Climate of Change on DVD, February 22
Tilda Swinton lyrically narrates Climate of Change with poetry by Simon Armitage that frighteningly describes the distress of Planet Earth. In this documentary from the Tribeca Film series, the audience meets “ordinary people” from all over the world who have joined the battle to save the planet. From the producers of An Inconvenient Truth, Climate of Change is a rallying cry for the people—as individuals—to join the fray.
Filmmaker Brian Hill visited West Virginia to document activists against mountaintop-removal mining. Ironically, many of the shots of desecrated and destroyed mountains are beautifully framed. We may not appreciate this method of coal removal, but the symmetry of the machines’ imprints is visually arresting, as are images throughout Climate of Change, such as the misty, moody opening sequence.
Poetry that details the beauty of earth’s soil, forests, water, and bounty is interwoven with scenes of committed people who want to make a difference. In India, viewers meet a group of school children who have dedicated themselves with a passion to reduce the use of plastics. In Papua, New Guinea, one community will not allow commercial logging and practices sustainable methods to preserve the rainforest. Villagers in Africa are taught how to cook with solar power. In Norway, built into the permafrost is the Global Seed Vault, where seeds of all types of plants from all over the globe are stored. People from all these places are introduced and tell their stories.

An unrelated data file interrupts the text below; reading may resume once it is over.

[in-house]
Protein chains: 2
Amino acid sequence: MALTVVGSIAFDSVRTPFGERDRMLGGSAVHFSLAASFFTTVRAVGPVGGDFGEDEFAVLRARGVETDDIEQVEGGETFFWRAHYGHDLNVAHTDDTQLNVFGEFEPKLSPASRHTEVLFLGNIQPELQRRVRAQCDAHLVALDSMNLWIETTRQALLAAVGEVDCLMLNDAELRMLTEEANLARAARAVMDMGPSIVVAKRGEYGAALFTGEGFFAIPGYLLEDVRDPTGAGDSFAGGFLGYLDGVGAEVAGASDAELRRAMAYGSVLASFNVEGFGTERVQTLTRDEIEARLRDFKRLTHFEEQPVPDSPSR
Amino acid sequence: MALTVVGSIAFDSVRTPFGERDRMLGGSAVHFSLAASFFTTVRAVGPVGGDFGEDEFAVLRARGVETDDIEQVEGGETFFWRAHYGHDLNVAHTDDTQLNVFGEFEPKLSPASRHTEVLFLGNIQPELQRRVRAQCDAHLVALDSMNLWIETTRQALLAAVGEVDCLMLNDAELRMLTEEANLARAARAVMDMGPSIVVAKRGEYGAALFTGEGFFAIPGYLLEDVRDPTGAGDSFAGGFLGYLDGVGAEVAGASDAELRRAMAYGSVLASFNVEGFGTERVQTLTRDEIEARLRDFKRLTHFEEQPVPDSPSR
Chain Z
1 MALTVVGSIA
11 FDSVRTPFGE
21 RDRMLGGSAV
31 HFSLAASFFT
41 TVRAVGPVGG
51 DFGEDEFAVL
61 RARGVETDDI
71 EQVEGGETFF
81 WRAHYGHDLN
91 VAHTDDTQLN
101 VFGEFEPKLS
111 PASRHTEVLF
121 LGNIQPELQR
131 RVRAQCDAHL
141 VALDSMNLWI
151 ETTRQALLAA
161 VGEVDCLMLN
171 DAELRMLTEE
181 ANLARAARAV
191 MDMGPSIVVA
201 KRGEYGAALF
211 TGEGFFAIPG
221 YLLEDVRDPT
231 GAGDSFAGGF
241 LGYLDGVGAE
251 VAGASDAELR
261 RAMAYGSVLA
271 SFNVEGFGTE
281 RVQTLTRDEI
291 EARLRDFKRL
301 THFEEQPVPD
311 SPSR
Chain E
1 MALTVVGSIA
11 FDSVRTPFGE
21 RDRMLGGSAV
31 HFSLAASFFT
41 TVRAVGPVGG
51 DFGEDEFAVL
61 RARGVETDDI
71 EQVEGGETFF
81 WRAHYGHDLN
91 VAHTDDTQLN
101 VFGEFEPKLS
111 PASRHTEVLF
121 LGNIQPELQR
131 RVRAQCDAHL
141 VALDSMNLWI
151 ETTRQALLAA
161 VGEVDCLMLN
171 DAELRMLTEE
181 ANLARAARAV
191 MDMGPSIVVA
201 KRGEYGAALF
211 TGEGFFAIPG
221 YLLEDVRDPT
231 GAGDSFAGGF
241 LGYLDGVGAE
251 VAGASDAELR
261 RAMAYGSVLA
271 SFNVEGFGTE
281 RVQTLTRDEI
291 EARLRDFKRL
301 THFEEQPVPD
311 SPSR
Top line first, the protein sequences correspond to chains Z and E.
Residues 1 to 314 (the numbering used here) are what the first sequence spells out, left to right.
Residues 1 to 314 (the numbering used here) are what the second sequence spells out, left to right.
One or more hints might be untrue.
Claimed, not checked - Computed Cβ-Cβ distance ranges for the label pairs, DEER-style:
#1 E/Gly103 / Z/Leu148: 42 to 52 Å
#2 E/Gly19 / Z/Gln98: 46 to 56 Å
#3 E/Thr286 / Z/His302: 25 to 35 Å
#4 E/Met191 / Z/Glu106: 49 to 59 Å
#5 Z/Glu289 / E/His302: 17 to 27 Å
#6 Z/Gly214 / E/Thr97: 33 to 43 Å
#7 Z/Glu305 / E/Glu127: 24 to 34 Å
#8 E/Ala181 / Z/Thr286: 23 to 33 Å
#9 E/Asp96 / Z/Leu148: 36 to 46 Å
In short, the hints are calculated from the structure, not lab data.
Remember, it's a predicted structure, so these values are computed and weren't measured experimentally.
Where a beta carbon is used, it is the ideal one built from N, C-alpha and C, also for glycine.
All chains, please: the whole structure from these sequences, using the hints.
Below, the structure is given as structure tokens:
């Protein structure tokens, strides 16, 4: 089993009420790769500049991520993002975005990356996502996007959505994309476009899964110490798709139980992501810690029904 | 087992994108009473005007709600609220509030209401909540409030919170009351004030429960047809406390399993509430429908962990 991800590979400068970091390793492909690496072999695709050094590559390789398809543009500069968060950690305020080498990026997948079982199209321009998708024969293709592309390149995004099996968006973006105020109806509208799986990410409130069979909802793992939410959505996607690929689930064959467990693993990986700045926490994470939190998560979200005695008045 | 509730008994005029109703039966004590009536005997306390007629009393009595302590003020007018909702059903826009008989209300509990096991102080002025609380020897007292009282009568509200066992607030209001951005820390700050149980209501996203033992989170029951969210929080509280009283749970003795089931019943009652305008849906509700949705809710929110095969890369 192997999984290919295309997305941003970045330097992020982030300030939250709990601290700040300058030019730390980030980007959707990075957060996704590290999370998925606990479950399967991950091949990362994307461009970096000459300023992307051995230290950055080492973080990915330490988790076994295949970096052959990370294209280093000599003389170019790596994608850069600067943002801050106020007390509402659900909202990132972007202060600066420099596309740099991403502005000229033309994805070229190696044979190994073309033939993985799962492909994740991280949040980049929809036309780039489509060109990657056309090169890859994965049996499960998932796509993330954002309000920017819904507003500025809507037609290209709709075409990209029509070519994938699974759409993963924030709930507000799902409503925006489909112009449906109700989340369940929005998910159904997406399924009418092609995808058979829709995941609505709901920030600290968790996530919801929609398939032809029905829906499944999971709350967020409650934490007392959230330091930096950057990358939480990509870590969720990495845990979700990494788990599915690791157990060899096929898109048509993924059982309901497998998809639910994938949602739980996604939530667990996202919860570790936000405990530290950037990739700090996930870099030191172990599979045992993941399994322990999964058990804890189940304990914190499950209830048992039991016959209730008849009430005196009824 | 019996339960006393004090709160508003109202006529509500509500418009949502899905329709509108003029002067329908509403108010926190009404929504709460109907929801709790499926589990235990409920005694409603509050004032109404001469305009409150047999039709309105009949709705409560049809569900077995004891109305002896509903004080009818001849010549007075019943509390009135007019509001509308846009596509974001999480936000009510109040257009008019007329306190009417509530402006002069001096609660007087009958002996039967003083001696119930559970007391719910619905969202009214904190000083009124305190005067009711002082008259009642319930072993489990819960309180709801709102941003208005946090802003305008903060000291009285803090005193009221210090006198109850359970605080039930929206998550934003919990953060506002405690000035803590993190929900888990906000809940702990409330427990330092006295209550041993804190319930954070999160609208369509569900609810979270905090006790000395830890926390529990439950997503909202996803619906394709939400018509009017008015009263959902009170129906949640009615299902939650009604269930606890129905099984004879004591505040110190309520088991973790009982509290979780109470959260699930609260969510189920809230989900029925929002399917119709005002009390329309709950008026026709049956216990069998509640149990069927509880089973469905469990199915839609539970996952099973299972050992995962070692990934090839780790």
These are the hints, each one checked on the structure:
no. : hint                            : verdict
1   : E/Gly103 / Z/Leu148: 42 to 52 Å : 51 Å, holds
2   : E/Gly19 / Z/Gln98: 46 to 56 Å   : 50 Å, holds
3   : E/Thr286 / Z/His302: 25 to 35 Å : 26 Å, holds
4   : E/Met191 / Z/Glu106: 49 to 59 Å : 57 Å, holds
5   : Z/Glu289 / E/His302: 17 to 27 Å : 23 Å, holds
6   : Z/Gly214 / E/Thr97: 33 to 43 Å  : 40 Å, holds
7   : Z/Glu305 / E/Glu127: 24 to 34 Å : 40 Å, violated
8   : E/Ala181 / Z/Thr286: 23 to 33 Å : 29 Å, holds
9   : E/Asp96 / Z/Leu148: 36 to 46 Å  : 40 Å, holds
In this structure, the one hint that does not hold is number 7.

The message of Climate of Change may promote environmental awareness and encourage involvement, but the beauty is in the cinematography. Hill and his cinematographers have captured a plethora of stunning portraits of Earth and her people. (Release: February 22, 2011)